[0041 ] Angular velocity about the pitch-input axis will cause Coriolis forces to act on the pitch proof-mass 650a resulting in a torque that rotates the pitch proof-mass 650a about the pitch-sense axis. The amplitude of the rotation of the pitch proof- mass 650a is proportional to the angular velocity about the pitch-input axis.

Transducers 660a and 660b are disposed on opposite sides along the X-direction under the pitch proof-mass 650a and detect the rotation of the pitch proof-mass about the pitch-sense axis. This rotation provides a measure of the angular velocity about the pitch-input axis.

[0042] Figure 7 illustrates a third embodiment of a dual-axis gyroscope comprising a guided mass system 700 in accordance with the present invention. The guided mass system 700 comprises a symmetric guided mass system 200 coupled to two yaw proof masses 518a and 518b. The yaw proof-masses 518a and 518b are flexibly connected to the roll proof-masses 102a and 102b via springs 520a-d and 520e-h respectively. When the guided mass system 700 is driven, the yaw proof-masses 518a and 518b also translate anti-phase in the X-direction.

[0043] Angular velocity about the yaw-input axis will cause Coriolis forces to act on the yaw proof-masses 518a and 518b resulting in motion of the yaw proof- masses 518a and 518b anti-phase along the Y-direction. The amplitude of the motion of the yaw proof-masses along the Y-direction is proportional to the angular velocity. Transducers 522a and 522b are used to sense the motion of the respective yaw proof masses 518a and 518b along the Y-direction.

[0044] Figure 8 illustrates an embodiment of a tri-axis gyroscope comprising a guided mass system 800 surrounded by a stress relief frame 402 in accordance with the present invention. The guided mass system 800 comprises guided mass system 600 coupled to two yaw proof masses 518a and 518b. The stress relief frame 402 is connected to the guiding arms 104a and 104b via springs 108a and 108b and surrounds the symmetric guided mass system 200. The yaw proof- masses 518a and 518b are flexibly connected to the roll proof-masses 102a and 102b via springs 520a-d and 520e-h respectively. When the guided mass system 800 is driven, the yaw proof-masses 518a and 518b also translate anti-phase in the X-direction.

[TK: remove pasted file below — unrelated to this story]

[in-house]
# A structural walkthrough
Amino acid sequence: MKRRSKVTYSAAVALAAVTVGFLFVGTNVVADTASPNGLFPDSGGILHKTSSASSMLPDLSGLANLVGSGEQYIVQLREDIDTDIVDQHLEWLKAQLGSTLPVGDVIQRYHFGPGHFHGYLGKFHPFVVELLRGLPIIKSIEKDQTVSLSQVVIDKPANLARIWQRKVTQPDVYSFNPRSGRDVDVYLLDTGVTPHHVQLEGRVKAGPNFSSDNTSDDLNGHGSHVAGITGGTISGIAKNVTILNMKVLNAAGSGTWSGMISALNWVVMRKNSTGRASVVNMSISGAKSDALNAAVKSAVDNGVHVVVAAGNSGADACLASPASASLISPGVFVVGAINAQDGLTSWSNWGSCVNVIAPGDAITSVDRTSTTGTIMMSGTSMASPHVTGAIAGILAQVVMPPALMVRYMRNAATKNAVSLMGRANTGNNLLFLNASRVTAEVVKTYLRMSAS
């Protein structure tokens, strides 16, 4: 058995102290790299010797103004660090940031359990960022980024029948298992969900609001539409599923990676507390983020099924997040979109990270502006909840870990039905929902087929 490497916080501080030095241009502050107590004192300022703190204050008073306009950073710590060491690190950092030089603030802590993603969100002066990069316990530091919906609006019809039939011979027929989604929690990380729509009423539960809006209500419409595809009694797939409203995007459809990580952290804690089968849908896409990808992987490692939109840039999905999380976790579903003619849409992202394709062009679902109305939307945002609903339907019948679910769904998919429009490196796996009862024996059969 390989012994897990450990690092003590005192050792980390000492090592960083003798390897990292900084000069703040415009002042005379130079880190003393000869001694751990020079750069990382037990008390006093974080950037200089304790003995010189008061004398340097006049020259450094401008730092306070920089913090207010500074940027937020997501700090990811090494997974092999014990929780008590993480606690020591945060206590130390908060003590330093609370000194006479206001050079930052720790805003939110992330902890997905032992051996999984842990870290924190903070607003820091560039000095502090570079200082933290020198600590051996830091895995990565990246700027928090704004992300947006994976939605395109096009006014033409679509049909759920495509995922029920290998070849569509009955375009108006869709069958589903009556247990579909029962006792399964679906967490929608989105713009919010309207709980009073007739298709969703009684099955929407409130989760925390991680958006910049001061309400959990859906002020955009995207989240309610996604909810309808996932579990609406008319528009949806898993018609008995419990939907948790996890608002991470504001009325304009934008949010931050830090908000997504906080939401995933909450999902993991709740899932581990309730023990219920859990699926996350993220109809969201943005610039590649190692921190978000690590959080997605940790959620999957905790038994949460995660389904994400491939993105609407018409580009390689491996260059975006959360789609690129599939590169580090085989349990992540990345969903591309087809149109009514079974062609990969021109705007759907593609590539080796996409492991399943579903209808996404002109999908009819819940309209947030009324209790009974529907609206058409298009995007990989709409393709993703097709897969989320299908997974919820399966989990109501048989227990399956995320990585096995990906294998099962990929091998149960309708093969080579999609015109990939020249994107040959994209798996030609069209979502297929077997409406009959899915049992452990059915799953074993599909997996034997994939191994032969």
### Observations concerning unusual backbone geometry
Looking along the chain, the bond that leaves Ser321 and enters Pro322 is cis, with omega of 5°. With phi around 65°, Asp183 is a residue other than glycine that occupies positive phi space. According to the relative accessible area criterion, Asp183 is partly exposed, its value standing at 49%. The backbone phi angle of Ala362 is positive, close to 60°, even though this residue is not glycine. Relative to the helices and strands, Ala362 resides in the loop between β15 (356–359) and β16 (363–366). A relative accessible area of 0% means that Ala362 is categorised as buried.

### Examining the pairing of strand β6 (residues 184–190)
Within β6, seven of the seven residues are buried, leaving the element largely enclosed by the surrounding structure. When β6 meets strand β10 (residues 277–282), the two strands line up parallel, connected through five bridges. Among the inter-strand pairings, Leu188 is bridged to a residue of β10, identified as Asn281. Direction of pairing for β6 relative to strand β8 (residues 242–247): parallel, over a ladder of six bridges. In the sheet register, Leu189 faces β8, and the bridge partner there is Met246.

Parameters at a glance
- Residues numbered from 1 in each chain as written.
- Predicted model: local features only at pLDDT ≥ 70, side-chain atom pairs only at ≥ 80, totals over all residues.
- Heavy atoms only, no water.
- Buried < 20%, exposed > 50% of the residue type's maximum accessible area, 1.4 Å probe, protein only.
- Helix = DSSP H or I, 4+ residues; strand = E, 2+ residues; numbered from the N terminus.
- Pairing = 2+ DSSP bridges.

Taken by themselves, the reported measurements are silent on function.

[0045] Angular velocity about the roll-input axis will cause Coriolis forces to act on the roll proof-masses 102a and 102b anti-phase in the Z-direction. The Coriolis forces cause the guided mass system 800 to rotate out-of-plane about the first roll- sense axis. When the guided mass system 800 rotates out-of-plane, the guiding arms 104a and 104b rotate about the first roll-sense axis, and the roll proof-masses 102a and 102b are constrained to move anti-phase out-of-plane by the guiding arms 104a and 104b. Transducers 1 12a and 1 12b under the roll proof masses 102a and 102b respectively are used to detect the rotation of the guided mass system 800 about the first roll-sense axis. This rotation provides a measure of the angular velocity about the roll-input axis.